• by Rob Y. ( 110975 )

          Plus, he and his defenders constantly argue that ISP's won't do any of the bad things that they will now be allowed to do - because 'the market' will prevent it. Well, if that's the case, then why change the regulations that prevent it?

          If there's something specific that they're willing to admit to wanting to do, present it to the FCC for approval. 'Trust us' is hardly a way to make policy - especially when you seem to be justifying the change by arguing that the status quo is just fine...

    • We still need real net neutrality in law, not a regulation that three people can overturn.

      I'm not sure there's as much advantage there as you might think. As I've mentioned before [slashdot.org], a law can be overturned by a similarly small handful of judges, and once overturned is the status quo for the foreseeable future. As it stands, the FCC commissioners' staggered terms effectively create a horizon of a few years before the pendulum could just as well swing back the other direction, just as it did here. That uncertainty itself is likely to keep businesses from making fundamental changes to their model

  • by GrumpySteen ( 1250194 ) on Wednesday January 03, 2018 @09:40AM (#55854861)

    Concerned advocates should conserve their outrage for when it's really needed.

    So... don't contact your congressional representatives now when your voice might stand out and be heard? Wait until the last minute flood so that your comments can be drowned out more easily by the anti-neutrality bot spam?

    I'm sure that'll work well for everyone.

    • We should all just STFU and let Trump and his cadre of profiteering cronies rape America back to the 1950's.
      • by zifn4b ( 1040588 )

        We should all just STFU and let Trump and his cadre of profiteering cronies rape America back to the 1950's.

        That's cute that you think Trump was the start of it all. The real beginning goes all the way back to the Reagan administration and it was a bi-partisan effort. Read the works of Chris Hedges for more information. Globalization was the ultimate slap in the face pushed forth by folks like the US Chamber of Commerce under the guise of progressivism. You bought it hook, line and sinker. We were promised cheaper goods AND better jobs. We got the cheaper goods but better jobs? Precisely the opposite. Bi-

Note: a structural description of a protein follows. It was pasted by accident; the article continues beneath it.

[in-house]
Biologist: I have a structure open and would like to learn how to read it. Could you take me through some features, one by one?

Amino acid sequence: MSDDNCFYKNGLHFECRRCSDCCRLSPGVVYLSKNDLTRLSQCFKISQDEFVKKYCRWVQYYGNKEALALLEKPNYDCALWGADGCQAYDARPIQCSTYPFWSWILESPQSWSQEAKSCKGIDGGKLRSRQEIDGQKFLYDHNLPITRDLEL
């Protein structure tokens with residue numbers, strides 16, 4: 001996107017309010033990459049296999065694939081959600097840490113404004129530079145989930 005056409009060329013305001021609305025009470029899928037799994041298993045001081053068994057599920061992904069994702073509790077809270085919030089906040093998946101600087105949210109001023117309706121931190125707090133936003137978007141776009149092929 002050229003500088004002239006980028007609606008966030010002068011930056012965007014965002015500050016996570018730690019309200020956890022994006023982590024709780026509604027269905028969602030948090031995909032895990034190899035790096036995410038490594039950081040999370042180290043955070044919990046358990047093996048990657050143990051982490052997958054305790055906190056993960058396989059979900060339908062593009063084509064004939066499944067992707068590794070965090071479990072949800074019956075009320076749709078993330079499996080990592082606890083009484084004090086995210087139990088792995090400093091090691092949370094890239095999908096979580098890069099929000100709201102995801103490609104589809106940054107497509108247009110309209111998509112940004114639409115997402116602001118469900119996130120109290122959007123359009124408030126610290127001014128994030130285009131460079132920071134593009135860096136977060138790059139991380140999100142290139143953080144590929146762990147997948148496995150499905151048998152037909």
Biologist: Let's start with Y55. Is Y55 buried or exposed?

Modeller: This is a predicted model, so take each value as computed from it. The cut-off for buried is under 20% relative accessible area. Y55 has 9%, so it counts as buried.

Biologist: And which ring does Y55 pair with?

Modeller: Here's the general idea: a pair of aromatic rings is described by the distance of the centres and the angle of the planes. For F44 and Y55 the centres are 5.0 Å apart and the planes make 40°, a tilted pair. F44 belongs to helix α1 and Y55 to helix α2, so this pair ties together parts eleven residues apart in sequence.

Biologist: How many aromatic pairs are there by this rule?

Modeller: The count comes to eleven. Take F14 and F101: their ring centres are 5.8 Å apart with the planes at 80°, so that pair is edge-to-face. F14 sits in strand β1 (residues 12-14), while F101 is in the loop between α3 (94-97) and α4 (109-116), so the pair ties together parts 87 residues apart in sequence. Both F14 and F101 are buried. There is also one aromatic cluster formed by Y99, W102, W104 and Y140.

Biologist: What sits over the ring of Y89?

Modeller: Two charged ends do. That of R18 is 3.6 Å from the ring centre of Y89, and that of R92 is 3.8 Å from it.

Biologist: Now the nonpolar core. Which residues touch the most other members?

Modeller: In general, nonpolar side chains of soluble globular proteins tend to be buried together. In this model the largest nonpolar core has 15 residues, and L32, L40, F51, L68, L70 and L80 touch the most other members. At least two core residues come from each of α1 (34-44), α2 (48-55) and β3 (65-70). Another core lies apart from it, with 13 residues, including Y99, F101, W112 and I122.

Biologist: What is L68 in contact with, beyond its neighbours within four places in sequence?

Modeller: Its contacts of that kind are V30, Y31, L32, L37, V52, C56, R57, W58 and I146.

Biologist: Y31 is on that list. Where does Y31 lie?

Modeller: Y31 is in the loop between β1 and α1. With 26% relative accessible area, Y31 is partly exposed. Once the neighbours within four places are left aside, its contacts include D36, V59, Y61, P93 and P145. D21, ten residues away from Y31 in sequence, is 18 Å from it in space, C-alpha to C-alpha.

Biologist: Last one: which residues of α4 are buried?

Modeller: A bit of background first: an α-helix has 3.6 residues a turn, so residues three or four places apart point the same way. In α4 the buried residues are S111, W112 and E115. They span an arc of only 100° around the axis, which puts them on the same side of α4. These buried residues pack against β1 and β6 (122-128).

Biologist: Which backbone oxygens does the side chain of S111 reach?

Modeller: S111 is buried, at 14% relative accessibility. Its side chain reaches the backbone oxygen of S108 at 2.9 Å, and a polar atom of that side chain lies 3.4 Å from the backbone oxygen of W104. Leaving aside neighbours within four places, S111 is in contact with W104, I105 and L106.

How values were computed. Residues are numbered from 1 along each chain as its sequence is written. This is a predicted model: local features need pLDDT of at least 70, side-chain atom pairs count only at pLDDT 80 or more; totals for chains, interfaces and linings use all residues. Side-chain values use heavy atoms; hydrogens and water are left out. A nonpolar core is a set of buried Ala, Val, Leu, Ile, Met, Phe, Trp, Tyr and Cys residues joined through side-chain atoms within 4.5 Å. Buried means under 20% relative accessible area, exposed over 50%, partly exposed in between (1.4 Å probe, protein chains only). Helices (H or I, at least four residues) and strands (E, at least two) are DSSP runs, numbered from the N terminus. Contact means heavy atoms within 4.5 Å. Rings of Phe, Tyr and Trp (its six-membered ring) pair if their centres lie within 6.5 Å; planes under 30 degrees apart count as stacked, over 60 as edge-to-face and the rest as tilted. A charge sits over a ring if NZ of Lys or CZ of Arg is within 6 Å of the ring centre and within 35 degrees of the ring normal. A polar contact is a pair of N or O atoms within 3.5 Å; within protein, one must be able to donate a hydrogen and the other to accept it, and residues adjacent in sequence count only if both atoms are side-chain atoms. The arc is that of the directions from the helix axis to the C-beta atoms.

• 1920s , actually.

        The 1950s were a time when the middle class was relatively well off and wealth disparity had dropped sharply from it's height in the late 20s. Everything Trump and his cronies are doing is to benefit the 1% and increase that disparity by taking everything they can away from the rest of society.

    • by zifn4b ( 1040588 )

      So... don't contact your congressional representatives now when your voice might stand out and be heard? Wait until the last minute flood so that your comments can be drowned out more easily by the anti-neutrality bot spam?

      I'm sure that'll work well for everyone.

      You must be new here. Whining on slashdot is the most effective way to usher positive change into our government, duh! Because government officials are avid readers of slashdot.

  • by squiggleslash ( 241428 ) on Wednesday January 03, 2018 @09:40AM (#55854865) Homepage Journal

    It's visible to the public, not "open". If it were open, we'd have some say in it (which means it wouldn't be happening.)

    • by zifn4b ( 1040588 )

      It's visible to the public, not "open". If it were open, we'd have some say in it (which means it wouldn't be happening.)

      Oh gee, you need the truth spoon fed to you instead of seeking it out yourself? You do realize that's precisely what the propaganda pushers expect and use as the means to distort the truth right?

  • by Anonymous Coward
    You should hold off – and see what happens after the elections in November. That's the new normal according to Mitch McConnell and Paul Ryan.
  • by Anonymous Coward

    Did I understand correctly that they actually voted to agree with something which can still thoroughly change? That's the equivalent of having someone sign a check and filling in the amount due after the fact.

    • A better analogy is probably that it's like they decide to go to the hobby shop, then they get on Google maps to find the exact route to take.

      They decided they don't have the legal authority to enforce the 2015 regulations, then studied what they *can* legally do and decided on a general approach. Now they are finishing up the details of what their regulations will be under the current law, while awaiting Congress passing a NN law (or not).

  • by ledow ( 319597 )

    "The rules will soon be entered into the federal register, at which point they both come into effect and come under intense scrutiny and legal opposition."

    Bit late to do anything about them if they are already in effect at that point.

    I think that's the entire point of the protests.

  • Ignorance is strength. Ajit Pai is an impartial regulator. Welcome to the new Administration.
  • Dear Slashdot,

    On this article, you only needed to keep the first five words of the headline. The remaining words do not add any clarity.

    Just sayin'